Switch question, daisy chain VS home run

Archived from groups: comp.dcom.lans.ethernet (More info?)

I have three switches, they are daisy chained.
Would I see better performance if I had two of the switches directly
connected ( home run ) to the third switch as opposed to running threw each
other.

If yes, could someone point me in the right direction to figure this out.

Thanks

JJ
5 answers Last reply
More about switch question daisy chain home
  1. Archived from groups: comp.dcom.lans.ethernet (More info?)

    "JJ" <Sonbo@comcast.net> wrote:
    >I have three switches, they are daisy chained.
    >Would I see better performance if I had two of the switches directly
    >connected ( home run ) to the third switch as opposed to running threw each
    >other.

    It depends on the hardware you have attached, the speeds the switches
    are running at, and how much traffic you have.

    I recently added a gigabit switch to my network, and the two high-end
    machines with 1000BT interfaces now get almost 200 megabits when
    copying files back and forth, which surprised (and pleased) me.

    OTOH, my past upgrade to 10/100 didn't make much difference at all, so
    I have evidence on both results.

    --
    William Smith
    ComputerSmiths Consulting, Inc. www.compusmiths.com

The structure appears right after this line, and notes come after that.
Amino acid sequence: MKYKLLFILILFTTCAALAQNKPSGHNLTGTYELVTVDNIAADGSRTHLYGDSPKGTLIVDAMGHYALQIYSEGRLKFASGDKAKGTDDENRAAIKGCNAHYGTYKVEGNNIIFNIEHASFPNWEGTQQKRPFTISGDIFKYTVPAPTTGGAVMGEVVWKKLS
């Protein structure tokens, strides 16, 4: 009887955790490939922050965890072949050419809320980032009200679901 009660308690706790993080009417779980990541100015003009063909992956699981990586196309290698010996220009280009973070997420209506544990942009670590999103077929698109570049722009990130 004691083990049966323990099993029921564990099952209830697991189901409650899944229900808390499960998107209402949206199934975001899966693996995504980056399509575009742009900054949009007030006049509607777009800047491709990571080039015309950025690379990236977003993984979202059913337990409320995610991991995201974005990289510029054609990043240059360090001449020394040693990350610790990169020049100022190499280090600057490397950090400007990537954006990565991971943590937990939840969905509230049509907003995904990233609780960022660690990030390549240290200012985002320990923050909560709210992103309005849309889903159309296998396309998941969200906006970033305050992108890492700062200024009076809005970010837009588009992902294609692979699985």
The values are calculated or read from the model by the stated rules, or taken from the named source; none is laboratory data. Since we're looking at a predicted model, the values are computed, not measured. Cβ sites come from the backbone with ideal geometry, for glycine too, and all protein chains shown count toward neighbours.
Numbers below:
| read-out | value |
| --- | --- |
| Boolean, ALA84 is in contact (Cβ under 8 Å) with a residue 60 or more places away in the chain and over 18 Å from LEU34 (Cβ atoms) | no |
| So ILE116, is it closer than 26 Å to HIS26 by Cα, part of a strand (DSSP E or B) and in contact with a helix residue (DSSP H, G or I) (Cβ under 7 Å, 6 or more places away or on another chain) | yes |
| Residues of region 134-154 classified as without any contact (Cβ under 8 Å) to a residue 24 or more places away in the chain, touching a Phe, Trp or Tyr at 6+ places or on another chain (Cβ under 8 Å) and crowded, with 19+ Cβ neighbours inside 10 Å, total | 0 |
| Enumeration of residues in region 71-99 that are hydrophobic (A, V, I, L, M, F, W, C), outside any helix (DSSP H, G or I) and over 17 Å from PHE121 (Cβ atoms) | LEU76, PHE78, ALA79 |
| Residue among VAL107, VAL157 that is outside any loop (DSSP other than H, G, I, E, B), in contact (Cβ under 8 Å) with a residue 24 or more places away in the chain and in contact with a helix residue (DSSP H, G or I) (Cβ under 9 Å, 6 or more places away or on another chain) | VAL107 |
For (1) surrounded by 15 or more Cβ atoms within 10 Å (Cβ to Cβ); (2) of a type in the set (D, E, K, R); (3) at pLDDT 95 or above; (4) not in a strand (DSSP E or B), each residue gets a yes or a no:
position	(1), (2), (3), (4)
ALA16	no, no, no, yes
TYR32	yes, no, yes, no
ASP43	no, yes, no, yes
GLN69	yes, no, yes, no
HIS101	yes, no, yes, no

2. Archived from groups: comp.dcom.lans.ethernet (More info?)

    JJ wrote:

    > I have three switches, they are daisy chained.
    > Would I see better performance if I had two of the switches directly
    > connected ( home run ) to the third switch as opposed to running threw each
    > other.
    >
    > If yes, could someone point me in the right direction to figure this out.
    >
    > Thanks
    >
    > JJ
    >
    >
    generally, it's best to put the two switches both connected to the
    third, and have all servers plugged into the third as well. Any switch
    will give SOME latency (although usual so small as to be pretty much
    unmeasurable from the workstation)

    --
    Copyright 2004 T. Sean Weintz
    This post may be copied freely without
    the express permission of T. Sean Weintz.
    T. Sean Weintz could care less.
    T. Sean Weintz is in no way responsible for
    the accuracy of any information contained in
    any usenet postings claiming to be from
    T. Sean Weintz. Users reading postings from
    T. Sean Weintz do so at their own risk.
    T. Sean Weintz will in no way be liable for
    premature hair loss, divorce, insanity,
    world hunger, or any other adverse relults
    that may arise from reading any usenet
    posting attributed to T. Sean Weintz
  3. Archived from groups: comp.dcom.lans.ethernet (More info?)

    "T. Sean Weintz" <sean@snerts-r-us.org> wrote in message
    news:10bc0rcb7rm197d@corp.supernews.com...
    > JJ wrote:
    >
    > > I have three switches, they are daisy chained.
    > > Would I see better performance if I had two of the switches directly
    > > connected ( home run ) to the third switch as opposed to running threw
    each
    > > other.
    > >
    > > If yes, could someone point me in the right direction to figure this